Original cannabis journalism for Canadians

Legal cannabis consumers want the good stuff, survey suggests

A new survey suggests Canadian cannabis users expect legalization to open the door to higher-quality weed. (Matilde Campodonico/Associated Press)

A new cannabis report by consultancy Deloitte is all over Canadian weed news today.

Various media outlets have found various angles on Deloitte's online survey of 1,500 Canadian adults, ranging from "Two-thirds of current pot users will switch to legal retailers" (The Canadian Press) to "Canadians will spend up to $7B on cannabis in 2019" (CBC News) to "Middle-Aged Dads Likely to Smoke More Legal Pot Than Canadian Teens" (Bloomberg).

Predicting future consumer trends makes for clickable headlines, as do dramatic sales estimates and especially dads smoking more than their kids. But here at The Leaf, we thought the most interesting tidbit in Deloitte's survey had to do with why two-thirds of Canadian cannabis consumers might want to choose legal cannabis over the black market stuff they're already using.

Beating the thriving black market for marijuana is one of the federal government's key goals with legalization. Over the past year, we've heard plenty of speculation about whether Canada's legal cannabis industry can help Ottawa achieve that dream.

According to the usual logic, the white market will compete with the black market primarily on price. That's going to be tough, especially since illegal weed sellers generally offer bulk discounts that the future legal market can't match.

Fifty-five per cent of current cannabis users told Deloitte they expect legal cannabis to cost more. The poll suggests Canadian weed users would be willing to pay nine per cent more for the privilege of purchasing legally.

But Deloitte's survey also suggests many future cannabis consumers will base their purchasing decisions on something other than retail prices: Canadians want high quality weed.

Deloitte asked current cannabis consumers to rank their top reasons for planning a switch to the legal market. "Better-quality products" was the number one reason, cited by 55 per cent of respondents.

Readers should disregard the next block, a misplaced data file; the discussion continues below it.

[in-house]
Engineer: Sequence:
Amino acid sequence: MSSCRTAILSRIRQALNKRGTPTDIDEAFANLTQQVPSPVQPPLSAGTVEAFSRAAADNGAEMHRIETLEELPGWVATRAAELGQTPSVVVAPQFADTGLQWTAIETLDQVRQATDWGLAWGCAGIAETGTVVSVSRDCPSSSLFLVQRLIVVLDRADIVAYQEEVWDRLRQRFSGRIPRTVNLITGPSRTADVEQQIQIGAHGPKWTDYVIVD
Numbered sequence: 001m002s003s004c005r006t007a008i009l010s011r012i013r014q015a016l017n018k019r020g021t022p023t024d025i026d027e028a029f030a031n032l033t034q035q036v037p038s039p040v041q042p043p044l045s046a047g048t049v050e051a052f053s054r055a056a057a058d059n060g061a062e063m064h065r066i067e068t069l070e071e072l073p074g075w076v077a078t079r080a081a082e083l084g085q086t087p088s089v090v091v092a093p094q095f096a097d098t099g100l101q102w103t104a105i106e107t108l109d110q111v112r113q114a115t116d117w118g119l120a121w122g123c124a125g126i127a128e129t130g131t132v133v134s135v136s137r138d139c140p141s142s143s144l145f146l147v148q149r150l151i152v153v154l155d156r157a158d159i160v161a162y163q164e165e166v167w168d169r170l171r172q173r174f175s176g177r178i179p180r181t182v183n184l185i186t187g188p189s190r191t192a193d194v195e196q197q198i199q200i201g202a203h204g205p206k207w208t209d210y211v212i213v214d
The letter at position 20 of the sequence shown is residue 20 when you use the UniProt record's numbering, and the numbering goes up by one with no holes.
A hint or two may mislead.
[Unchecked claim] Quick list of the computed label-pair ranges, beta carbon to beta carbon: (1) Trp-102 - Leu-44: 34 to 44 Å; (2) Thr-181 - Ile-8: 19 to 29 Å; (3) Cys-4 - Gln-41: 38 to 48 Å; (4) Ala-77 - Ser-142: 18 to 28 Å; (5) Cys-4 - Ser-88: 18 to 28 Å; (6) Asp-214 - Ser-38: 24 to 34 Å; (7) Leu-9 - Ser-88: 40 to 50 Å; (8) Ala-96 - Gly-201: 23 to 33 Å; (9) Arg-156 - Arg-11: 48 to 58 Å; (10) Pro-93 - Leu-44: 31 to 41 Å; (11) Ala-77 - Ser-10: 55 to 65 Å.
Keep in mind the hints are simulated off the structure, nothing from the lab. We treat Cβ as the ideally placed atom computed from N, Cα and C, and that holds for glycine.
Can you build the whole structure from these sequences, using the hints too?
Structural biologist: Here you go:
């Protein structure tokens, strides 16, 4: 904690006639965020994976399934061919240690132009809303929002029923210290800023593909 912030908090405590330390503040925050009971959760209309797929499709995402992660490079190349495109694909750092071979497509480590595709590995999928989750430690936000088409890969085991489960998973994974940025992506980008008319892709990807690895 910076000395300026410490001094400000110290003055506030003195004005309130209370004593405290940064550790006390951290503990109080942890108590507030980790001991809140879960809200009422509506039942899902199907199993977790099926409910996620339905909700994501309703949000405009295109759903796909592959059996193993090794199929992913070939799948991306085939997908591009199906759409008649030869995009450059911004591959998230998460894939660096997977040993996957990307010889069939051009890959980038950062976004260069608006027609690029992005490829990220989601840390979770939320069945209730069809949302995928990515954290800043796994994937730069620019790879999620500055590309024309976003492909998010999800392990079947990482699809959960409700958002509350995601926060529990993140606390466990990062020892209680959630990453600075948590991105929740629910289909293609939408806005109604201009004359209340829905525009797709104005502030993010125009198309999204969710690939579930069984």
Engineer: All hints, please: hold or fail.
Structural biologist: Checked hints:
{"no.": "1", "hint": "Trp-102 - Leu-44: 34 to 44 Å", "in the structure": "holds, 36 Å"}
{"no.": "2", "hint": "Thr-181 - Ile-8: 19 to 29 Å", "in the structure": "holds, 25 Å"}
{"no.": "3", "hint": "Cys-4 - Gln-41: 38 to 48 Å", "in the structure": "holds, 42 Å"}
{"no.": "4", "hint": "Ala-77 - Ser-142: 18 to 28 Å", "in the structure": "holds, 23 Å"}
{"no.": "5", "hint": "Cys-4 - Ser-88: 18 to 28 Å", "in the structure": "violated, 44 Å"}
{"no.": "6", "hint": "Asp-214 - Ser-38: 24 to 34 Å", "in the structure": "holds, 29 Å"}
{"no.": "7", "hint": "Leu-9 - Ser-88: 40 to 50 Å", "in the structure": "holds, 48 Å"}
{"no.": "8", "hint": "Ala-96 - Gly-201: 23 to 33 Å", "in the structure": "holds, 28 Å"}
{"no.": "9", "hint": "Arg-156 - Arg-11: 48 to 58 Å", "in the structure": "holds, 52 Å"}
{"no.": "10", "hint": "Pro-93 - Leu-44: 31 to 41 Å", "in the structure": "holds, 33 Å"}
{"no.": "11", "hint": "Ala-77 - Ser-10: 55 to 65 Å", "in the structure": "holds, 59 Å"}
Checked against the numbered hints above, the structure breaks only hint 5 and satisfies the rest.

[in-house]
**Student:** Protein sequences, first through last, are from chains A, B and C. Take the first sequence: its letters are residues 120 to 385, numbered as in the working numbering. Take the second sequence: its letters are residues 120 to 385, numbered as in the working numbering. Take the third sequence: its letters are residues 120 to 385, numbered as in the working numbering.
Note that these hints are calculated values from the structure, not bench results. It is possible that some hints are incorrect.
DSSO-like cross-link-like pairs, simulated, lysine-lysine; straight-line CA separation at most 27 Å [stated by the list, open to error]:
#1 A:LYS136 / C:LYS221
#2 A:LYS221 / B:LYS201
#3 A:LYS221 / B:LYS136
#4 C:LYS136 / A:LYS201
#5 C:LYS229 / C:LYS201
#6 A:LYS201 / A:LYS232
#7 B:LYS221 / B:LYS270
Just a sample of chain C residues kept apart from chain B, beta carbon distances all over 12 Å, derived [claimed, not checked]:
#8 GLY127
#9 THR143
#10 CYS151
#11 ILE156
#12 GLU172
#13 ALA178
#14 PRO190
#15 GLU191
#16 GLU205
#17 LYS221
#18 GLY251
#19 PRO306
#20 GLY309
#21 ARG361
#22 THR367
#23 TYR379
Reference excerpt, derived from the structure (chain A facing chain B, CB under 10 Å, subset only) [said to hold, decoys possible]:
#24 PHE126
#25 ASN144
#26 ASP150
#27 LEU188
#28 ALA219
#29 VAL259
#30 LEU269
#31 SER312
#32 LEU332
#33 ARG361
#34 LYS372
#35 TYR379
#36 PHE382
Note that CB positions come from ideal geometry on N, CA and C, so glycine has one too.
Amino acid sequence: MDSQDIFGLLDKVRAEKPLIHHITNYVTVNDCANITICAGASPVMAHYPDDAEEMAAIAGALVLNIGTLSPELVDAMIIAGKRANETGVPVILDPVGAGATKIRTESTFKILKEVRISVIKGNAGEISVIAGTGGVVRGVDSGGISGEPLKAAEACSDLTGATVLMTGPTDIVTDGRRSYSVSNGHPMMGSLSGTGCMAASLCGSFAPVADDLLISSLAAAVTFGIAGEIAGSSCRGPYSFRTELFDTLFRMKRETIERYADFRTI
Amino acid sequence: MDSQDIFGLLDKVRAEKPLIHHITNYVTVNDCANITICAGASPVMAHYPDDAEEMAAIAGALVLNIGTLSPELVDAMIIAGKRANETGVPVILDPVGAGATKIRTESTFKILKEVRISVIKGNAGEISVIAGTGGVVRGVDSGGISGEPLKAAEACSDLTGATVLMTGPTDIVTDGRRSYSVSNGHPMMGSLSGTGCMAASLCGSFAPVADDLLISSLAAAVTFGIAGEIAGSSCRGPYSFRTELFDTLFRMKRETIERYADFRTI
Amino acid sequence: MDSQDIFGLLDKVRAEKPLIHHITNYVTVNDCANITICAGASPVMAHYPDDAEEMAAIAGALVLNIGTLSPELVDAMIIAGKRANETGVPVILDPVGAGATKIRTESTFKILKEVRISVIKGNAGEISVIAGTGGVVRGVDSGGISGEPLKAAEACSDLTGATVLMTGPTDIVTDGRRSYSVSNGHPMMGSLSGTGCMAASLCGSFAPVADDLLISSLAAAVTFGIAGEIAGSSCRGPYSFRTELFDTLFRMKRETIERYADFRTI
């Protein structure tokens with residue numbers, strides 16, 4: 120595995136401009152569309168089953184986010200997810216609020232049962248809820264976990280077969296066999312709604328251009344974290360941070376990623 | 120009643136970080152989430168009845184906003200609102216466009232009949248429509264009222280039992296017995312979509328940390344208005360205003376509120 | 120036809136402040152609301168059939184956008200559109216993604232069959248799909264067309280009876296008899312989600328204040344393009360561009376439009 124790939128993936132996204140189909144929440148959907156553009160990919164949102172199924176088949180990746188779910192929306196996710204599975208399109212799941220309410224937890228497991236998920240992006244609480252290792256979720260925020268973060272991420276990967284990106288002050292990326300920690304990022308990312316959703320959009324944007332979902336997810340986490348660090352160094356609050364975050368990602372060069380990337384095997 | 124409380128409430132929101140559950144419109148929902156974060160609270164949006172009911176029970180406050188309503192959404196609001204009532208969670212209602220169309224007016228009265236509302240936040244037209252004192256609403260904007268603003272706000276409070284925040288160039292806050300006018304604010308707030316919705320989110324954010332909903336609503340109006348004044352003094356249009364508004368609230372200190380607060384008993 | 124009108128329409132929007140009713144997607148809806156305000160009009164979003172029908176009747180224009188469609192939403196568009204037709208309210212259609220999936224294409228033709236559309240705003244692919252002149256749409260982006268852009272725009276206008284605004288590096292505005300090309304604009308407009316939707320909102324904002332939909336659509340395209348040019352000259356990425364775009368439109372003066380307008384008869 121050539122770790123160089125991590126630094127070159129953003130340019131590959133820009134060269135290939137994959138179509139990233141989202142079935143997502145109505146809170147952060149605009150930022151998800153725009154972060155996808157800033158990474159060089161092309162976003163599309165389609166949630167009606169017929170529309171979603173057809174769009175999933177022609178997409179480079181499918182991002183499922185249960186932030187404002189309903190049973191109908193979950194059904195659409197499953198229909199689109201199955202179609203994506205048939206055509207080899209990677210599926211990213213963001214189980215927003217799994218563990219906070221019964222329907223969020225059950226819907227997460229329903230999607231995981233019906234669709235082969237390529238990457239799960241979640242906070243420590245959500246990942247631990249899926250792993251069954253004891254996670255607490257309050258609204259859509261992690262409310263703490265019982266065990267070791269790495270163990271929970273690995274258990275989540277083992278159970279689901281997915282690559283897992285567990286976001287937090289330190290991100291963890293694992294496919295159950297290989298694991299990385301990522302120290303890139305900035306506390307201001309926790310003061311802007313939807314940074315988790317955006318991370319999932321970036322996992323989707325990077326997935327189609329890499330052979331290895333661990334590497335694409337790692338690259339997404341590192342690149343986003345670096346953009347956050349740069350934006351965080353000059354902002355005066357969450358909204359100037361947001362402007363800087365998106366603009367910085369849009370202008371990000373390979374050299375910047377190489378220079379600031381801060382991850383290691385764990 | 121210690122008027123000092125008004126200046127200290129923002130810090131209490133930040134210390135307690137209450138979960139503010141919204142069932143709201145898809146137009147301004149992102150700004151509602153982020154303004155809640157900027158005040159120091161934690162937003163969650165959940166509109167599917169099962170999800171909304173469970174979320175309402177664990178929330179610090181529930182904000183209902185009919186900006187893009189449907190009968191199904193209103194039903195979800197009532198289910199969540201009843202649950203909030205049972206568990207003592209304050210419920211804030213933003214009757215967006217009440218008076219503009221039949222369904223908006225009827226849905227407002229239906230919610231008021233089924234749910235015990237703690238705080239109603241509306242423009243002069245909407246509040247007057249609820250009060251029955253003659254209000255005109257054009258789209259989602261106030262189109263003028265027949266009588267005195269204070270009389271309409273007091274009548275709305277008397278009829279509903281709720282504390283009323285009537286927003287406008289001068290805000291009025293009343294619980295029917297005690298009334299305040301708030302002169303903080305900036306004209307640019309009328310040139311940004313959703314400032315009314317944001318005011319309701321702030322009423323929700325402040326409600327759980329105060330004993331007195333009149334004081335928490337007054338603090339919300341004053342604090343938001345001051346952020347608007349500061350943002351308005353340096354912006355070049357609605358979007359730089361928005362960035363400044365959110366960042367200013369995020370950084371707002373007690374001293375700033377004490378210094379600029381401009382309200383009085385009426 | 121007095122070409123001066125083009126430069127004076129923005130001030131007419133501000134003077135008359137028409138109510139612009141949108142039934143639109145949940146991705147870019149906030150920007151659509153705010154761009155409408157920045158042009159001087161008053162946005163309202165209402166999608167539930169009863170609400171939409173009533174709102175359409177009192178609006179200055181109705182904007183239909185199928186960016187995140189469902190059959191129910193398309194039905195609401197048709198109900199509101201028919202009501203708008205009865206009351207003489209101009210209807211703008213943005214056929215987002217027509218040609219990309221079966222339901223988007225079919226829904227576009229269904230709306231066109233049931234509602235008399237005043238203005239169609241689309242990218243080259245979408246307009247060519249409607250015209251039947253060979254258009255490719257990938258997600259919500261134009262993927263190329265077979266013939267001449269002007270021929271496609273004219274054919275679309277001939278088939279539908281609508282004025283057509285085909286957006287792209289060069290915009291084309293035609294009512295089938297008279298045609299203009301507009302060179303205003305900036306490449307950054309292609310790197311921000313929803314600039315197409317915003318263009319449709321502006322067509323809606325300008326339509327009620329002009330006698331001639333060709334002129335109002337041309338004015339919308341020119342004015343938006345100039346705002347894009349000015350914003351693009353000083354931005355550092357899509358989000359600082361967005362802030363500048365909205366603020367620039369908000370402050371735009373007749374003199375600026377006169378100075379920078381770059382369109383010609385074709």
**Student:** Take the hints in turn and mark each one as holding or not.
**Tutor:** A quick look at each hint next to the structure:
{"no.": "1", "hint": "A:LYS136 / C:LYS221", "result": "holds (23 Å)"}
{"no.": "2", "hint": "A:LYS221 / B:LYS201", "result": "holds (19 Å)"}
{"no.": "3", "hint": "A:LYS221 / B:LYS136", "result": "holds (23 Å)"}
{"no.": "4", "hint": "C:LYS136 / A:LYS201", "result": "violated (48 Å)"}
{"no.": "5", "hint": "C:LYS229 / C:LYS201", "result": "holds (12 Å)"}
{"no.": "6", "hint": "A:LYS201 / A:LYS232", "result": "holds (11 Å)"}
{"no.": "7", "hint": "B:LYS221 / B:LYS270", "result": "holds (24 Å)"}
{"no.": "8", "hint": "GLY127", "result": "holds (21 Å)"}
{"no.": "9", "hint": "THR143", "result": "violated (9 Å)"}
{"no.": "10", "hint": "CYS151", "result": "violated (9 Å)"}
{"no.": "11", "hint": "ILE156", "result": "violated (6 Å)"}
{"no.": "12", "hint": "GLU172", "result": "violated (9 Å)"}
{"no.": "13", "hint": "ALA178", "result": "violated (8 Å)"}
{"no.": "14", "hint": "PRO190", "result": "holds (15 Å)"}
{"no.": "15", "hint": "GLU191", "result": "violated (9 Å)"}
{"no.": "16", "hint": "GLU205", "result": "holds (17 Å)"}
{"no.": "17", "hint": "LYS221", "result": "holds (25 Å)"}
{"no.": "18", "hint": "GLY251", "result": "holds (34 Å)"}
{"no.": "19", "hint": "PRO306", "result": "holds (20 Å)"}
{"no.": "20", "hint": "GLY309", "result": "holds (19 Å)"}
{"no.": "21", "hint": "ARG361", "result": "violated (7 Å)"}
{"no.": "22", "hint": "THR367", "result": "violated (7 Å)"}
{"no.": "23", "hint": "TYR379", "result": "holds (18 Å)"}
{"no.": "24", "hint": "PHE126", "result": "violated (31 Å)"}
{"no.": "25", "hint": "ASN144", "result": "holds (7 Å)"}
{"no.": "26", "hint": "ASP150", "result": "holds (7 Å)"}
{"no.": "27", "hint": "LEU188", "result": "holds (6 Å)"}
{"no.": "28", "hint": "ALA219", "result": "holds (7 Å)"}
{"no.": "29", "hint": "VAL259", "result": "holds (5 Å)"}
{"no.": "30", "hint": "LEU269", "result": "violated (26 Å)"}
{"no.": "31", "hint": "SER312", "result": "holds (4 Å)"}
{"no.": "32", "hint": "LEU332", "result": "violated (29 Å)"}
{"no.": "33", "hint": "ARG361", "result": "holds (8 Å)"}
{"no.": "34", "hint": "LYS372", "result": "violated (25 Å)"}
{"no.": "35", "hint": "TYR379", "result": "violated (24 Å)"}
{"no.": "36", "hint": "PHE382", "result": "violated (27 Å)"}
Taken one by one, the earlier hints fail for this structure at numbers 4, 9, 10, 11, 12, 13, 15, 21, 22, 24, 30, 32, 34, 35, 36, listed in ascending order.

Unfortunately, Deloitte didn't ask its respondents exactly what they believe signifies quality in weed. The look? The smell? The way it's grown? The colour of the ash? The way it makes them feel?

Plus, how will advertising and branding restrictions affect legal cannabis producers' ability to convey that quality?

No doubt the industry is busy answering those questions right now.

In the meantime, black market cannabis dealers should take note: low prices alone might not be enough to keep customers on board. After legalization, Canadians are expecting the good stuff.


New on The Leaf

  • Empire building: The new Canadian TV series "Bud Empire" takes viewers inside a B.C. cannabis dispensary.
  • Sticking up for home cultivation: A Manitoba man is launching a sticker campaign to try and convince the provincial government to change its mind on growing weed at home.
  • Endangered swag: A proposed Senate amendment would ban the use of "cannabis brand elements" on promotional items like t-shirts.

Elsewhere on the Weed Wide Web

  • "Weed for non-smokers": Veteran CBC Business reporter Dianne Buckner examines a host of ways that Canadians can get high, no fire needed.
  • Delay, denied: Conservatives in the Senate tried to delay cannabis legalization with an amendment, but the attempt got voted down Monday night.
  • Alberta advantage: For would-be private cannabis retailers, the Wild Rose province looks like heaven.

What Next

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